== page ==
In a summer of miracles, the biggest one was when Jesse turned to his grandmother in the kitchen one day and said, “What are you doing?” It was the first time he spoke words that could be understood.
The family is also grateful to have dodged wildfires so far this year. Lake County, in the arid mountains north of Napa, has been scorched by fires nearly every year the past decade or so. But this year, despite fires raging to the east and south, the Hoeffer family has only had to endure smoke. No evacuations, no destruction.
As school gets underway, Hoeffer is optimistic that the family’s distance learning routine will be relatively smooth. Of the six children, only the youngest, Esme, will be attending in person — a preschool with a class of 12.
“The only one we’re really worried about is Caylee (age 9). She’s falling behind in reading and math,” Hoeffer said. “Otherwise we’re just incredibly grateful.”
— Carolyn Jones
Jessica Ramos plans to be the first person in her family to graduate from college.
“That’s my dream for her,” said Jessica’s mother, Alma Ramos, a bilingual instructional assistant in an Oakland Unified preschool.
A 17-year-old senior at Skyline High in Oakland Unified, Jessica is working on college applications while juggling her distance learning course load, and her roles as a student school board representative and a member of other student leadership committees.
Bilingual in English and Spanish, Jessica started the year virtually on Aug. 10 using a Chromebook and hotspot donated through a citywide campaign that provides technology to every student in the city that needs it. An only child, she shares internet access with her mother and father, Ricardo Ramos, an Uber driver.
She completes her online classes and other schoolwork in her bedroom, while her mother works on the dining room table.
Linking into Zoom classes is easy for her, and she even helped her mom to connect with students and family at her preschool.
For the most part, Jessica likes her schedule, and considers starting two days at 10 a.m. much better for teens than 9 a.m. She takes Advanced Placement statistics at 10 a.m. on Mondays and Thursdays, a “teaching and learning principles” course at 9 a.m. on Tuesdays and Fridays, and two dual-enrollment courses through Peralta Community College, for which she will earn both high school and college credits — social psychology and criminal investigation.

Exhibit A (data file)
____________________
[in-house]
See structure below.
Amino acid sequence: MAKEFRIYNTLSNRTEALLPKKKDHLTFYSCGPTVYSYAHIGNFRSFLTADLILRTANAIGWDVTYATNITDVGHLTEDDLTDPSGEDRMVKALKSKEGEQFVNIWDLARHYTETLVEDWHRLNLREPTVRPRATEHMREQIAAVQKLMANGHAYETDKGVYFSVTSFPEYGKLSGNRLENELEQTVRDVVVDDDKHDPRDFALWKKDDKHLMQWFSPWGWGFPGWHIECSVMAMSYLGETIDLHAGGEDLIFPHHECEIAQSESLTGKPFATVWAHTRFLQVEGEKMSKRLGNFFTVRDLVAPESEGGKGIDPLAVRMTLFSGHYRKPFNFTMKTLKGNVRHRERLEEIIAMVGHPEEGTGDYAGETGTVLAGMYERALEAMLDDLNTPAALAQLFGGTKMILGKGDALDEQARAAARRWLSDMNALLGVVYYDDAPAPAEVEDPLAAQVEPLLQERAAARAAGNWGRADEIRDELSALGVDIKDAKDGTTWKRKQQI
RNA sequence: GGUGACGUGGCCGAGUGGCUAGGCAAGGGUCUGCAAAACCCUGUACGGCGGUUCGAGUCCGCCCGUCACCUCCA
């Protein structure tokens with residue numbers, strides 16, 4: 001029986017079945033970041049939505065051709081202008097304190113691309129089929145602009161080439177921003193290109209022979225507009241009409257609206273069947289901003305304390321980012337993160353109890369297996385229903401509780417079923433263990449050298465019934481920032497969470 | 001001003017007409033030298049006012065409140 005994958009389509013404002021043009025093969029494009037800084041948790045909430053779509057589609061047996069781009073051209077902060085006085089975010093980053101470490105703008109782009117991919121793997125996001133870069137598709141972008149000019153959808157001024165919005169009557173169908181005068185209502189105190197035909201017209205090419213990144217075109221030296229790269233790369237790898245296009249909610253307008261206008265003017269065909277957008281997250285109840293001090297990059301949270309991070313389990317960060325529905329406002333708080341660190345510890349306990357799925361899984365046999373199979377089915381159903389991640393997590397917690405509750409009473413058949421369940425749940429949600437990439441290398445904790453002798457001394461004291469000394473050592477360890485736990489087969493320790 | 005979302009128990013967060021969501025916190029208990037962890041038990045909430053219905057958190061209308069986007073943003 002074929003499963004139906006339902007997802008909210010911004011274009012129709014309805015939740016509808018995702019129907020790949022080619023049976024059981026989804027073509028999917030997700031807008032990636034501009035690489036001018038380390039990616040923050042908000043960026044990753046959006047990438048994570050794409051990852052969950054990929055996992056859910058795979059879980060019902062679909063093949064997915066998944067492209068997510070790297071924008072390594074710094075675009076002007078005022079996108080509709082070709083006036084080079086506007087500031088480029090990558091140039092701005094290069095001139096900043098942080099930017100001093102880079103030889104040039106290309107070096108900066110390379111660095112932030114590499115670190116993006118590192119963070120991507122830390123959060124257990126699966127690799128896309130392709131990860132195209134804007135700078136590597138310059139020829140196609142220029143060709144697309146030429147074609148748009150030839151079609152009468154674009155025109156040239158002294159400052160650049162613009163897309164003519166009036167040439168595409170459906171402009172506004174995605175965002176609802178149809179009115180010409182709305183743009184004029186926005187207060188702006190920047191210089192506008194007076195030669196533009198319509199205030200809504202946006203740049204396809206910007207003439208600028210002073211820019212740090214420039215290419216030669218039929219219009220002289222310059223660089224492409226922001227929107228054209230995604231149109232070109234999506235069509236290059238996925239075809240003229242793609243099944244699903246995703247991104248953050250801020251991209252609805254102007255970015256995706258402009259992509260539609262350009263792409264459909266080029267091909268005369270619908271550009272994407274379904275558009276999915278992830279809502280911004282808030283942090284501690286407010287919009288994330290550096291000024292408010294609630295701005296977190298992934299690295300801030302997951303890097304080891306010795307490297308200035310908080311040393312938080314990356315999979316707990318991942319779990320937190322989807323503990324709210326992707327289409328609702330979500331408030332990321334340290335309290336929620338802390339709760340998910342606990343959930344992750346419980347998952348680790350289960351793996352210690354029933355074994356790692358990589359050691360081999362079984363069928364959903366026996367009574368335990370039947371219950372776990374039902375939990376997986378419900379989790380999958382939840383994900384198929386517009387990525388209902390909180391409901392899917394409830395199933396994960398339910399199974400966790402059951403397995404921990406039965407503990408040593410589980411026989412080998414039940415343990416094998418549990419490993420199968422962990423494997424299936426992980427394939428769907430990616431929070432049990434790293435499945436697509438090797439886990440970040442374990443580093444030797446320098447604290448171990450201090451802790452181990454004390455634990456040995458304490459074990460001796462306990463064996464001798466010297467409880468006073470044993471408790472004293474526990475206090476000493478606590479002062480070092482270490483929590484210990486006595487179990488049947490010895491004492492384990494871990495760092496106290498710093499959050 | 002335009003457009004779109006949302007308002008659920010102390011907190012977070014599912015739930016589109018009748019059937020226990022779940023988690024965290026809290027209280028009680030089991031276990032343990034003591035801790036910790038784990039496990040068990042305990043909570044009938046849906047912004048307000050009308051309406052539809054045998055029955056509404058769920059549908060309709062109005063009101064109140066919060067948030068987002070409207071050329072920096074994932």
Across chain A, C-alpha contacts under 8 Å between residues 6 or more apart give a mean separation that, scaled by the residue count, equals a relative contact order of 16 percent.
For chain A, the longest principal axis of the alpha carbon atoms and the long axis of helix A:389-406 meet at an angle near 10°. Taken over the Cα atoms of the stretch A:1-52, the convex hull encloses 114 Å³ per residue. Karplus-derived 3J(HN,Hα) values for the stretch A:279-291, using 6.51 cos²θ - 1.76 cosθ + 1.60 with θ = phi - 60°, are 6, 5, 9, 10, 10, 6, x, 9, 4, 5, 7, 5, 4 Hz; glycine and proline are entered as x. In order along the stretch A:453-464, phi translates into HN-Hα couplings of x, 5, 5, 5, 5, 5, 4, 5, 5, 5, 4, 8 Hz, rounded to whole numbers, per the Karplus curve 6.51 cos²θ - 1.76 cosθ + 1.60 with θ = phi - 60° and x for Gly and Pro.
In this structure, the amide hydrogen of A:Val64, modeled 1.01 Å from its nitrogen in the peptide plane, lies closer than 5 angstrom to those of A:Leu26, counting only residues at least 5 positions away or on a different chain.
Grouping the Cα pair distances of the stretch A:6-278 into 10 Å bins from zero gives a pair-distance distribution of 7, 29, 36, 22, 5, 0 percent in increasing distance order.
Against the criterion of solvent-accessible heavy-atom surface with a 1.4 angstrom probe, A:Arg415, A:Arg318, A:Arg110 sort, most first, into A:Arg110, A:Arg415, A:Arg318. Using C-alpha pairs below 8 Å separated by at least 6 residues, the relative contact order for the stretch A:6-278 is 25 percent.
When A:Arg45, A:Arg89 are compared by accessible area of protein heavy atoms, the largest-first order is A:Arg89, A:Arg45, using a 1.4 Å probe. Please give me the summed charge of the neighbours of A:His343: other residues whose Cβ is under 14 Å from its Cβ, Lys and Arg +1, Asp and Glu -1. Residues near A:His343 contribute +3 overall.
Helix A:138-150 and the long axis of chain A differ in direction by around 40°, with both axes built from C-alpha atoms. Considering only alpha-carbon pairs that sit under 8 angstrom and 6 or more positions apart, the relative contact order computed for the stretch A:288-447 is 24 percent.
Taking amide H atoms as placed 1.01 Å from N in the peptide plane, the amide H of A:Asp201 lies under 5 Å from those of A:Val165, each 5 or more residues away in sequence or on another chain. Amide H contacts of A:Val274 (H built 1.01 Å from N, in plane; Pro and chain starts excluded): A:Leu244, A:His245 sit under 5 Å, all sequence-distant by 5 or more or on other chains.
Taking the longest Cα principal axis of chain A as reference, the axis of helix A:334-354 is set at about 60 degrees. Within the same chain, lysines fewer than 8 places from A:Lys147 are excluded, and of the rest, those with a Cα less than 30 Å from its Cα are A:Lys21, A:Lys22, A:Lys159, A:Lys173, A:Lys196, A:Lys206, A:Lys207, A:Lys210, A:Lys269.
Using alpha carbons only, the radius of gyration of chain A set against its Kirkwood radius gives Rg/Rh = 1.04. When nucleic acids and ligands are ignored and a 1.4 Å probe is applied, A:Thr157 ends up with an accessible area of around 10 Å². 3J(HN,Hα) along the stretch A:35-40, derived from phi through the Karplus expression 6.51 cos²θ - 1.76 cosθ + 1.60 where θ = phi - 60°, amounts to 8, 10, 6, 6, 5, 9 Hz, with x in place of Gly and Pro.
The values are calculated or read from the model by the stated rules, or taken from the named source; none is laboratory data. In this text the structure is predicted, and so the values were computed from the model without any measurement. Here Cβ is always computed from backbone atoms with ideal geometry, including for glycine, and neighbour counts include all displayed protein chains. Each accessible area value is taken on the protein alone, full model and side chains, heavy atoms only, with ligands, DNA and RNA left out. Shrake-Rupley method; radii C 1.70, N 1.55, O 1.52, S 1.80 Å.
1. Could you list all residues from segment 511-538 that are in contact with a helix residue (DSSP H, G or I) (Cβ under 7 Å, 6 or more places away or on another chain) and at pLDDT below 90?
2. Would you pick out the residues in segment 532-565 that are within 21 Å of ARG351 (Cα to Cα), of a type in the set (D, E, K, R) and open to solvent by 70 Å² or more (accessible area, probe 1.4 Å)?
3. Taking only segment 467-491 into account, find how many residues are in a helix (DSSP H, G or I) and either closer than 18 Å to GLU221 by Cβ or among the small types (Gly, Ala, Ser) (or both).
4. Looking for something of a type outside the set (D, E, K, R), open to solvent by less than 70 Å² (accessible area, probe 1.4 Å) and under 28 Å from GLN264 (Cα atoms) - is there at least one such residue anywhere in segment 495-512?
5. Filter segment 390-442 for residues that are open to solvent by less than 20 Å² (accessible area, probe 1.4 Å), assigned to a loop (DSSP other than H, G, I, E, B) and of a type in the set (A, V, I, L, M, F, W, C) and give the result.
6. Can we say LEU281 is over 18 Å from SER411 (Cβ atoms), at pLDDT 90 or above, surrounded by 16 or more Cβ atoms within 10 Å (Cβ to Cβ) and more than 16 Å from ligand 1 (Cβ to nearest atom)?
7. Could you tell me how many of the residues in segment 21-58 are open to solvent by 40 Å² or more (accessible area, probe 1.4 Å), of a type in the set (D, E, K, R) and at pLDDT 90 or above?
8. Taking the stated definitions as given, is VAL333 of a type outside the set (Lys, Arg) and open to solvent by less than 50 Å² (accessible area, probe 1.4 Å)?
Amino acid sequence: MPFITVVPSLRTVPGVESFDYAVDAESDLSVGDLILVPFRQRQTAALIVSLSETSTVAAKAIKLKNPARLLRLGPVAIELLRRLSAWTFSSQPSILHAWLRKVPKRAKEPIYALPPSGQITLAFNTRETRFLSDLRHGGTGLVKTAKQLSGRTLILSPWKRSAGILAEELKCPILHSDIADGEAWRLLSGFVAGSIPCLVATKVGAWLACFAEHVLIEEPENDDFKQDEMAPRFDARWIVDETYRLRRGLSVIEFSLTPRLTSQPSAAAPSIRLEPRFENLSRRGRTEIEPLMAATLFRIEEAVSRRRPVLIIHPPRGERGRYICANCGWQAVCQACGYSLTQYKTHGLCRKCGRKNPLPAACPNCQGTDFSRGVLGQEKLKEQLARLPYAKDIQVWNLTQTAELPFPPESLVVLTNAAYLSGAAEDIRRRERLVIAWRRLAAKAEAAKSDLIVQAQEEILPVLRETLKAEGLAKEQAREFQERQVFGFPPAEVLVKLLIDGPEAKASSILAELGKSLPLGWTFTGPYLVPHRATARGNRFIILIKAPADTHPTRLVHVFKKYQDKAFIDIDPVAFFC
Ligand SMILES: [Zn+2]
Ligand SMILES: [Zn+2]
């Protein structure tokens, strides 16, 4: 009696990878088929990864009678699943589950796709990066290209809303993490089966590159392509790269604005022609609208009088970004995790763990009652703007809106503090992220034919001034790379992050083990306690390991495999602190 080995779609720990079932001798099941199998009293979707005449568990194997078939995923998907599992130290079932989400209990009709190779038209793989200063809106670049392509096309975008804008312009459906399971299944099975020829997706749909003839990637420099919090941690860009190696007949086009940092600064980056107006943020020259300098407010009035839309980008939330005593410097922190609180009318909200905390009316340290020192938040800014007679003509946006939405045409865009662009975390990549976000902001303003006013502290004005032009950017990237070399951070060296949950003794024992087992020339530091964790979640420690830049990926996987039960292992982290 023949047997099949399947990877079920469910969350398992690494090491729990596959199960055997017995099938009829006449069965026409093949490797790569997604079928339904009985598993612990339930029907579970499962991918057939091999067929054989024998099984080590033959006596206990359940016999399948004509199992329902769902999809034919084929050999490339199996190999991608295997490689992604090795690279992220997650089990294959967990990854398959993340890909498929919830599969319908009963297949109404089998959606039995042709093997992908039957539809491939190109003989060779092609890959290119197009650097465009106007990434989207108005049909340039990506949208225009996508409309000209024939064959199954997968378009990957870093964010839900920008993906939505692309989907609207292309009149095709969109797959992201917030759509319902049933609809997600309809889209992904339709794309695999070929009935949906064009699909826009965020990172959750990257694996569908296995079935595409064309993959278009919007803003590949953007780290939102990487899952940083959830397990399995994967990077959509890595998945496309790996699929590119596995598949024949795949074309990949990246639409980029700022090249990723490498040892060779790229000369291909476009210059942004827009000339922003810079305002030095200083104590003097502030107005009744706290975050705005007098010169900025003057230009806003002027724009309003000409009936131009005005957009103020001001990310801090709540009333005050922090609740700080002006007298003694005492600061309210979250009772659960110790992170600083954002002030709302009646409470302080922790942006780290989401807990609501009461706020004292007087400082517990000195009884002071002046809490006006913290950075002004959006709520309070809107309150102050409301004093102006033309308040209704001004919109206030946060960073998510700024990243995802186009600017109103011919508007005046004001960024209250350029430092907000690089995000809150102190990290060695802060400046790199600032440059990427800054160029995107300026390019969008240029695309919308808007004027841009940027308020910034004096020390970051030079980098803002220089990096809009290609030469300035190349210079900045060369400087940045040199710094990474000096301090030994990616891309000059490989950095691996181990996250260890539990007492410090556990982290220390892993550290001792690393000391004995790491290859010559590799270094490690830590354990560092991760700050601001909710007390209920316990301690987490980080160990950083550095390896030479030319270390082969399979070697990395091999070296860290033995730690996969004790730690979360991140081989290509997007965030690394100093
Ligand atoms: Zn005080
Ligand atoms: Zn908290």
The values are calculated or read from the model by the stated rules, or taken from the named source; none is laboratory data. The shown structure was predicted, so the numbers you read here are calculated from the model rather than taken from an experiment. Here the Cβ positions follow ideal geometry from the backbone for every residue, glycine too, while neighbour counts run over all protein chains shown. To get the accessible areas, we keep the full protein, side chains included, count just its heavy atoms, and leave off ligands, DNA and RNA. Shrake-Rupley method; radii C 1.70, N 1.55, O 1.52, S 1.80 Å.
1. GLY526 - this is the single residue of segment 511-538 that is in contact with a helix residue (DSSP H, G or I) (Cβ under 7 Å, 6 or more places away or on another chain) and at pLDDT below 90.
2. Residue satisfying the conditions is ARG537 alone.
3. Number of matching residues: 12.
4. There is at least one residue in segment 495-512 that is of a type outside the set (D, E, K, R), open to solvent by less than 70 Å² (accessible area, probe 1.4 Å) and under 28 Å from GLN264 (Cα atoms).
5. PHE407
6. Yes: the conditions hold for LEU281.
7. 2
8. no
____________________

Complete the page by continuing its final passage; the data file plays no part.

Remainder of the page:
With a weighted GPA of 4.0 Jessica said her favorite class is Advanced Placement Statistics, taught on Zoom by Shane Durkan. She especially likes how he gets the class going every morning with a warm-up question — such as: “How are you feeling today?” — then turns the 26 students’ answers into statistical charts and discusses the probability of each response.
“He’s very active in getting the class involved,” Jessica said.
Students try to figure out online Edpuzzles the night before class, she said, then meet in Zoom breakout groups to discuss their answers and Durkan pops into the groups to see how they’re doing. They use a math program called Desmos to submit their answers to Durkan and anyone who is struggling can stay after class for one on one tutoring.
She is enrolled in a “career pathway” focused on Education and Community Health and wants to major in education and psychology in college. Her principles in learning class is required and aims to help students with research projects. But the 9 a.m. start time is too early for her and her classmates.
None of them turn on their video cameras, and they text each other during class to find out what they missed when they don’t pay attention, she said. Recently, she said no one responded when the teacher tried to get students to debate what it means to be a citizen.
In social psychology, Jessica said students read a chapter at home, then discuss it during their Zoom class. But her criminal investigation teacher, she said, is “having a little difficulty trying to get the class together” because “it’s her first time using Zoom.” A teachers’ aide, she said, helps out by responding to students’ questions online.
When she’s not in class or doing school work, Jessica spends time playing with her dog, practicing driving and preparing for school board meetings. During her first meeting, she pushed for more translators to help families who don’t speak English.
Jessica, whose mother immigrated to the U.S. from Mexico, has many immigrant friends and said she is glad to bring issues that affect students to the board’s attention.
— Theresa Harrington